Company Culture

Bringing a More Mindful State to the Work Environment: Corporate Yoga and Meditation

By EverwiseOctober 5, 2016

You’ve probably noticed that over the past few years, the practice of yoga and meditation has quickly gained traction and interest. According to a recent Yoga In America report, “The number of American yoga practitioners has increased to over 36 million in 2016, up 76% from 20.4 million in 2012.” Additionally, “28% of all Americans have participated in a yoga class at some point in their lives.” And even though the positive results from a regular meditation practice has been known for 2,600 years, it’s now more mainstream; people are quickly catching on to its long term benefits.

Given how quickly technology is moving, the 24/7 news cycle, and the generally busy, overworked lives that many people live, it makes sense why people are showing increased interest in how to gain a more mindful and present state. In line with this, here are a few ways employers can do their part to ensure that employees feel more supported and less overwhelmed in their day to day lives.

Offering a mindful environment in the workplace

Many companies are adding corporate yoga and meditation classes to complement existing wellness initiatives. Think about testing a yoga class offering at an upcoming health and wellness fair or start with a once per week class for a  period of 6-8 weeks, to gauge attendance and interest level. Ask employees what they prefer in terms of time of day (i.e. early morning before work, lunchtime or early evening). Consider offering healthy smoothies or a snack post-class, or company-branded water bottles that employees can use during class each week to compliment this new wellness offering. Connect with potential yoga teachers by reaching out to a local yoga studio to see if they can help identify a teacher who is interested in teaching corporate yoga and meditation.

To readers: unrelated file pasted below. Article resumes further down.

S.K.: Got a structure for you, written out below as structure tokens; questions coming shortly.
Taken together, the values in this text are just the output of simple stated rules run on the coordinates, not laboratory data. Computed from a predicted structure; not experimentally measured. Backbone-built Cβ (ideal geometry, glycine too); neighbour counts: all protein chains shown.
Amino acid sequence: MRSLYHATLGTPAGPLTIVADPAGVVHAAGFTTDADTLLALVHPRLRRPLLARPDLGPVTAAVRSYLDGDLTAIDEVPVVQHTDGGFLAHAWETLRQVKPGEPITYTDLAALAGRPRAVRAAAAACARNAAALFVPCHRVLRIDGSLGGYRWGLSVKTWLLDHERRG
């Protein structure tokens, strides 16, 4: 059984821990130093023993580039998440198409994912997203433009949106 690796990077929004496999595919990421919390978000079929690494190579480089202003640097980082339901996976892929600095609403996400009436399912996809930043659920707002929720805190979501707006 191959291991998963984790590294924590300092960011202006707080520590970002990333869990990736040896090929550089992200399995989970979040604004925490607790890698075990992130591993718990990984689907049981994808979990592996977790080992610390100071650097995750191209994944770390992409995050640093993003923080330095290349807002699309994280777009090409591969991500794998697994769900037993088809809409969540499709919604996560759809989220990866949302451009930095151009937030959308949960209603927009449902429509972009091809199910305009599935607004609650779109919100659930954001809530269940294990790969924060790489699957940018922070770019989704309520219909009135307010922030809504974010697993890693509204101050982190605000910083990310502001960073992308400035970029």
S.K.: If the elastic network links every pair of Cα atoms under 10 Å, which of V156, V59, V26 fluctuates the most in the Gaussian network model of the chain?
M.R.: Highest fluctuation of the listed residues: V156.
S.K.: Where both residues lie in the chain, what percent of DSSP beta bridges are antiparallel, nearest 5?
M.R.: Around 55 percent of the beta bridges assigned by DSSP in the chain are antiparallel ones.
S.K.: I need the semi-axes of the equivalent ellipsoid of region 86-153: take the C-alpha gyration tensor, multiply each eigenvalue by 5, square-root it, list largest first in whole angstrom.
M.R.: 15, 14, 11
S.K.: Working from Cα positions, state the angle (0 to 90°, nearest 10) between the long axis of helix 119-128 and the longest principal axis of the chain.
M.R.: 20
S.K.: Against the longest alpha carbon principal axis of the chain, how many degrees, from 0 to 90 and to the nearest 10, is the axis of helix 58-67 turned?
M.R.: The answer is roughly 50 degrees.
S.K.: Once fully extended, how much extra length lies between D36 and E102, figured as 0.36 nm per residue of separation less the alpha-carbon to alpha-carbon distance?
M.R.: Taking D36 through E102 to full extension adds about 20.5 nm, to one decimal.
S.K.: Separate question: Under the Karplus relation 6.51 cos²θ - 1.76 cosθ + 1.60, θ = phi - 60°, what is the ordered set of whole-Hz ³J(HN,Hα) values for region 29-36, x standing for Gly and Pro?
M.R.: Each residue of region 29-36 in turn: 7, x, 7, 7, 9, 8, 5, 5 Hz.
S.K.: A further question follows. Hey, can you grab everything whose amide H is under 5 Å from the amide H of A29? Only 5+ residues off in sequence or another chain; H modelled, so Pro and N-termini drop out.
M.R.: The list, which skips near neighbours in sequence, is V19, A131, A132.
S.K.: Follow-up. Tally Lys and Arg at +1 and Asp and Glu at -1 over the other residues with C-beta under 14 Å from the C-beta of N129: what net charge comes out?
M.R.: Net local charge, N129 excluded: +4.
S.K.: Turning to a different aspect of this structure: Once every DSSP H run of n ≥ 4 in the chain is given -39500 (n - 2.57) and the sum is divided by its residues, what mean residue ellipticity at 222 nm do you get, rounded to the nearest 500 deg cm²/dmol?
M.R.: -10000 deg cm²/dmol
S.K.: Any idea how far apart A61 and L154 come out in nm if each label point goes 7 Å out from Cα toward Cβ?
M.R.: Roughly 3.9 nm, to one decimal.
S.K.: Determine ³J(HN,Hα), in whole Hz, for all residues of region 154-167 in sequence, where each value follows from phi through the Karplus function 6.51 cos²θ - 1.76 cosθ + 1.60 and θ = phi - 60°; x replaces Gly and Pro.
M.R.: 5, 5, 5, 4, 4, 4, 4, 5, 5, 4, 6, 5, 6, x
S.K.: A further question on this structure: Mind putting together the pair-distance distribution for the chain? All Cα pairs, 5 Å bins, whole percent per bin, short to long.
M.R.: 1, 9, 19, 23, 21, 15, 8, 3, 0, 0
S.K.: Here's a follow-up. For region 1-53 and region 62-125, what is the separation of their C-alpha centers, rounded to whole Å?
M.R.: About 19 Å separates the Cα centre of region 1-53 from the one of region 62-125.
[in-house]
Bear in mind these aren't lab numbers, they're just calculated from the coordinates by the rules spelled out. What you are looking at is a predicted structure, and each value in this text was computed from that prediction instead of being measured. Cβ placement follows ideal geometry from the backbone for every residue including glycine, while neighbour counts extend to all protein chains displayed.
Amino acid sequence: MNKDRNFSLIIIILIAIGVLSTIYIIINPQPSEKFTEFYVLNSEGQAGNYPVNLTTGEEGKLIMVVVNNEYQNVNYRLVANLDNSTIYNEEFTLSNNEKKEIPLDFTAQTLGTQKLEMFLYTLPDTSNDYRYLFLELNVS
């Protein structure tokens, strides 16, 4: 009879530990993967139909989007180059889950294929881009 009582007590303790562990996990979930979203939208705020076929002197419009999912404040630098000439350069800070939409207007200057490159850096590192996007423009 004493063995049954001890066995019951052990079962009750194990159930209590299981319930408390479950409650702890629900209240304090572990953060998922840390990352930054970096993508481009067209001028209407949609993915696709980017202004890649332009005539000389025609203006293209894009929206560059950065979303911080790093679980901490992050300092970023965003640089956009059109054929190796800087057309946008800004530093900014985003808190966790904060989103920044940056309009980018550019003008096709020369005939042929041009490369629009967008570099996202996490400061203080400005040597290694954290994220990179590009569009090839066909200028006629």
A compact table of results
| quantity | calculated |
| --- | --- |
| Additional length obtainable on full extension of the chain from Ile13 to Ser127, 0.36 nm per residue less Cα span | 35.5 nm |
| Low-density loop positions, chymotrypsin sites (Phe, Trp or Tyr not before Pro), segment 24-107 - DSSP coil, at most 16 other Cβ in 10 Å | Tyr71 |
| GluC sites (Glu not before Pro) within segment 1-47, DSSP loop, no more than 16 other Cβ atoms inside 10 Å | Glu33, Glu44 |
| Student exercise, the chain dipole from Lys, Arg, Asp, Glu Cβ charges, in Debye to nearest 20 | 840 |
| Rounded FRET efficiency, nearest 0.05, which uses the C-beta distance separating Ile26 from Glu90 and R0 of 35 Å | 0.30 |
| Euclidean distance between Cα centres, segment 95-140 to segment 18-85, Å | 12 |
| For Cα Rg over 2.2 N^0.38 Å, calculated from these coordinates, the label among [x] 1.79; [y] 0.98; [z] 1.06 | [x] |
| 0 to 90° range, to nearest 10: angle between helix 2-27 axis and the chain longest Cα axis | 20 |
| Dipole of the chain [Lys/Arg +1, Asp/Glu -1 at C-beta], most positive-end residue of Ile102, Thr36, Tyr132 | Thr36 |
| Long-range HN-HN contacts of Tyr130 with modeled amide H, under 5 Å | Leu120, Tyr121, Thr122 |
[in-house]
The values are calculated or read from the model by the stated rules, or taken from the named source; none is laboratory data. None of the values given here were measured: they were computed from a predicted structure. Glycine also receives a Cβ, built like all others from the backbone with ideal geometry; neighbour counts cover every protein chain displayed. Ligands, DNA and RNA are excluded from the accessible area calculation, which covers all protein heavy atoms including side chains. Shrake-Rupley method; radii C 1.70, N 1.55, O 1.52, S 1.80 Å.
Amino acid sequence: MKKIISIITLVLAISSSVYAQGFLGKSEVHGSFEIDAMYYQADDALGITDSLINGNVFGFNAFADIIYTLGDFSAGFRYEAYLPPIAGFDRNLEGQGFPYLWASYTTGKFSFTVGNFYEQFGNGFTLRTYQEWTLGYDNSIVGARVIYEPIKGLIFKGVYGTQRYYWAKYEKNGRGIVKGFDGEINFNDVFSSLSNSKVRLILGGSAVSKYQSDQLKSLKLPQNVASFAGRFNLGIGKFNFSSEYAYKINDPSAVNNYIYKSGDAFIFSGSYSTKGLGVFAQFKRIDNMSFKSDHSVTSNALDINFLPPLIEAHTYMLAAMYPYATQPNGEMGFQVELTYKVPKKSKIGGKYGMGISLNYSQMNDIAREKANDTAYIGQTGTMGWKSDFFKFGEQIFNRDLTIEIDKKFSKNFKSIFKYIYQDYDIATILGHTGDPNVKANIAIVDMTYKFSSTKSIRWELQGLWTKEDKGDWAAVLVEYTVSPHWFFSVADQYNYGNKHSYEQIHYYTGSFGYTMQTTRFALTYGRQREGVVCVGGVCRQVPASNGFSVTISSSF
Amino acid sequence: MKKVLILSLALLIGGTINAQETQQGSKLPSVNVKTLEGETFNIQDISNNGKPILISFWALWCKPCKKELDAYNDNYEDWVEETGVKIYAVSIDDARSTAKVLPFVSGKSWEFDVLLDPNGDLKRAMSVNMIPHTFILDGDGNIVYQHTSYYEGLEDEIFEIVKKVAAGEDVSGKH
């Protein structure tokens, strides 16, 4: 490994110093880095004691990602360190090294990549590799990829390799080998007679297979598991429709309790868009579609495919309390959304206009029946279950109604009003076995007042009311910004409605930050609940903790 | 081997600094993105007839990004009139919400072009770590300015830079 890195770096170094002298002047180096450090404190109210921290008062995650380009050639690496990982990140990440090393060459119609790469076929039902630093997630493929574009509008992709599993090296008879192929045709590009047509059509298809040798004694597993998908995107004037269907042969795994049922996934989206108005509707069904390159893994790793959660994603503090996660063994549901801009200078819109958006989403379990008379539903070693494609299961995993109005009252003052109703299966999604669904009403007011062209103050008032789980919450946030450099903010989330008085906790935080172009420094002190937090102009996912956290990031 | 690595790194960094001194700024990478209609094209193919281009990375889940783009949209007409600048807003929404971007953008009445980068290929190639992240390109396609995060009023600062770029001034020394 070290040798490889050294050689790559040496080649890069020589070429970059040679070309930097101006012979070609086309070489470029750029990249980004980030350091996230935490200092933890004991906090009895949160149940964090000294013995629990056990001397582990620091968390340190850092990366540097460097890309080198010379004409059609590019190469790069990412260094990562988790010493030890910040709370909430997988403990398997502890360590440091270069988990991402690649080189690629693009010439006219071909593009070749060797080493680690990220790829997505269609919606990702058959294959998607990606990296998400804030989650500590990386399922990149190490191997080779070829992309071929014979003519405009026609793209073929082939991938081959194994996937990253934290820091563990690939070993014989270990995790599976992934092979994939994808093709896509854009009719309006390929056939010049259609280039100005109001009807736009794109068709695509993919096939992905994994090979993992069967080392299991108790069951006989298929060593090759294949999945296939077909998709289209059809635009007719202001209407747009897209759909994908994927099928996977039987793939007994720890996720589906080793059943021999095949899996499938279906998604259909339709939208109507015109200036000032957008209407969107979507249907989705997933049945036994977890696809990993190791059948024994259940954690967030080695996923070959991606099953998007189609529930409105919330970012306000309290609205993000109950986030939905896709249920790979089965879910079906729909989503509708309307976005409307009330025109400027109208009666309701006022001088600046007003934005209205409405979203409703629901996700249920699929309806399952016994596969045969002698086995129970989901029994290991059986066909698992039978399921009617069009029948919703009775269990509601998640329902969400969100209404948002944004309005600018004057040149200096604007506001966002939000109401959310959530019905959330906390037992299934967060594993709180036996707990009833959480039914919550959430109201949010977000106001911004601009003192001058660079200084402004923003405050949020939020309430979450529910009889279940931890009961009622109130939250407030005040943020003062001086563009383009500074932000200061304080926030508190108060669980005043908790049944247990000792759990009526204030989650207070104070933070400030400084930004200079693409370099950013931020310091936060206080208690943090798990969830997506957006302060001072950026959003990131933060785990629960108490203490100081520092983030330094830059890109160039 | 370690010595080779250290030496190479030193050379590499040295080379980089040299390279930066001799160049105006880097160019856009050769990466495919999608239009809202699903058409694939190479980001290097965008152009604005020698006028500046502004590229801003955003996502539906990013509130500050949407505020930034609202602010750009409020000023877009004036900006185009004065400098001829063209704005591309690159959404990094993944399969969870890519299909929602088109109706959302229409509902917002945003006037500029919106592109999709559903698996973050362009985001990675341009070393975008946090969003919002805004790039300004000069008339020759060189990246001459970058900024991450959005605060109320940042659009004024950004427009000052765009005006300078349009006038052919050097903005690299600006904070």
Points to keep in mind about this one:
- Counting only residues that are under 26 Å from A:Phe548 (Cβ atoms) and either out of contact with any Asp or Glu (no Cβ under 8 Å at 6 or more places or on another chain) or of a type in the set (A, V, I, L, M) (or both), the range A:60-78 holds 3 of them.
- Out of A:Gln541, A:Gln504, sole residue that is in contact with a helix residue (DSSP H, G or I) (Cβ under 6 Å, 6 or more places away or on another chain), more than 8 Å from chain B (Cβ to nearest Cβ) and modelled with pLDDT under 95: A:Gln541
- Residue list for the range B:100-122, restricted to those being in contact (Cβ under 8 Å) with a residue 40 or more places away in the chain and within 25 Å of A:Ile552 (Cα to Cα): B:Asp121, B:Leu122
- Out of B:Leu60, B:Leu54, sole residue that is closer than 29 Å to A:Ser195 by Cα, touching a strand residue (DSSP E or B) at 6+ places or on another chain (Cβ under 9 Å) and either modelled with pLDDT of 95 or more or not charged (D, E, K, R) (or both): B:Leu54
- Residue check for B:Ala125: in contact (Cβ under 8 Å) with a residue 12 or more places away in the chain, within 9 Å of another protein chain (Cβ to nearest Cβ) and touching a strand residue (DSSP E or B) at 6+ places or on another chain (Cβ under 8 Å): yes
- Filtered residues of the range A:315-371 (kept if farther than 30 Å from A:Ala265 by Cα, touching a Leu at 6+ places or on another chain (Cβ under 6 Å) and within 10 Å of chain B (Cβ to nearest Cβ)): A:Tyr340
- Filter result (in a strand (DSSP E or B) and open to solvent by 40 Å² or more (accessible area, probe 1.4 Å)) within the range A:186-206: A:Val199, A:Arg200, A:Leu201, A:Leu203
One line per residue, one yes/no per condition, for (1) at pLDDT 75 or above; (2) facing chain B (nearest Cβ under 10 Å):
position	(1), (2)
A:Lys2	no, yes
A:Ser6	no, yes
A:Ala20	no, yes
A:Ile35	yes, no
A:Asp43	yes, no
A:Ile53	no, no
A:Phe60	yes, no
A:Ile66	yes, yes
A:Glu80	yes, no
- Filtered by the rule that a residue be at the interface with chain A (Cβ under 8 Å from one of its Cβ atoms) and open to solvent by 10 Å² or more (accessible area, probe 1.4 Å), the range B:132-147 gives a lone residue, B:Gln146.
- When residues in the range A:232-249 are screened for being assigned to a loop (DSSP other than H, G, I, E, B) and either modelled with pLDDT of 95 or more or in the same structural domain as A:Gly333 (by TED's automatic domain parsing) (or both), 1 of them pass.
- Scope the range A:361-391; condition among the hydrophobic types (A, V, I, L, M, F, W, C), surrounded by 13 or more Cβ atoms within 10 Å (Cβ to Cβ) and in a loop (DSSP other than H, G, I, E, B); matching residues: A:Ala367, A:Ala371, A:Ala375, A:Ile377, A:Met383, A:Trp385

For employees who may work from smaller satellite offices or work from home, consider offering company sponsored monthly subscriptions to a meditation app such as Headspace or a subscription to at home yoga classes, such as those offered by Yoga Today (full disclosure: the writer of this post is a blog contributor to Yoga Today!)

In addition to offering yoga and meditation tools, encourage mindfulness breaks once per hour via internal communications channels. Reiterate to employees that it is fully acceptable and looked upon favorably to take frequent, short breaks. Offer up five minute stretching exercises and breathing exercises to employees to keep the body and mind focused and relaxed throughout the day.

If there is an existing onsite exercise space, ensure that the space is yoga and meditation friendly, i.e. stocked with yoga mats, meditation pillows and blocks, and that employees are aware that these supplies are being offered as an extension to the company’s wellness initiatives.

Benefits to offering corporate yoga and meditation classes in the workplace


  • It can boost the bottom line: According to Huffington Post, introducing yoga and meditation into the workplace can be very beneficial. “Limiting stress will translate into fewer employee absences, lower healthcare costs and higher morale, encouraging workers to stick around.”
  • Convenience: Employees have the option to take advantage of an on-site offering verse trying to squeeze in an offsite lunchtime class or rushing to leave work for an early evening class. Offering a class onsite allows for ease of attendance and demonstrates that the company is widely accepting of employees taking time mid-day to decompress.
  • Positive environment: Building a supportive and calm environment for self reflection within the workplace is tremendous; it speaks volumes to the company culture and shows that mindfulness is a priority.


Ensure that all employees feel comfortable

Before you roll out a yoga and meditation offering at your company, do your research first and make sure you are hiring a certified yoga teacher who has experience teaching in a corporate environment or has formerly worked in an office environment. Huffington Post brings up some interesting points for yoga teachers to be mindful of when teaching in a corporate setting versus in a traditional yoga studio, such as not physically adjusting students or introducing too much religious specific context. In general, being mindful of the audience is the key to ensuring that all employees feel welcome and comfortable. Prior to hiring a yoga instructor, double check that they are fully equipped and can adapt to a corporate setting.

Yoga and meditation as a movement is here to stay. Whether an employee is a seasoned yogi or a beginner, a corporate yoga offering will result in a more present and centered workforce that all employees will benefit from. 



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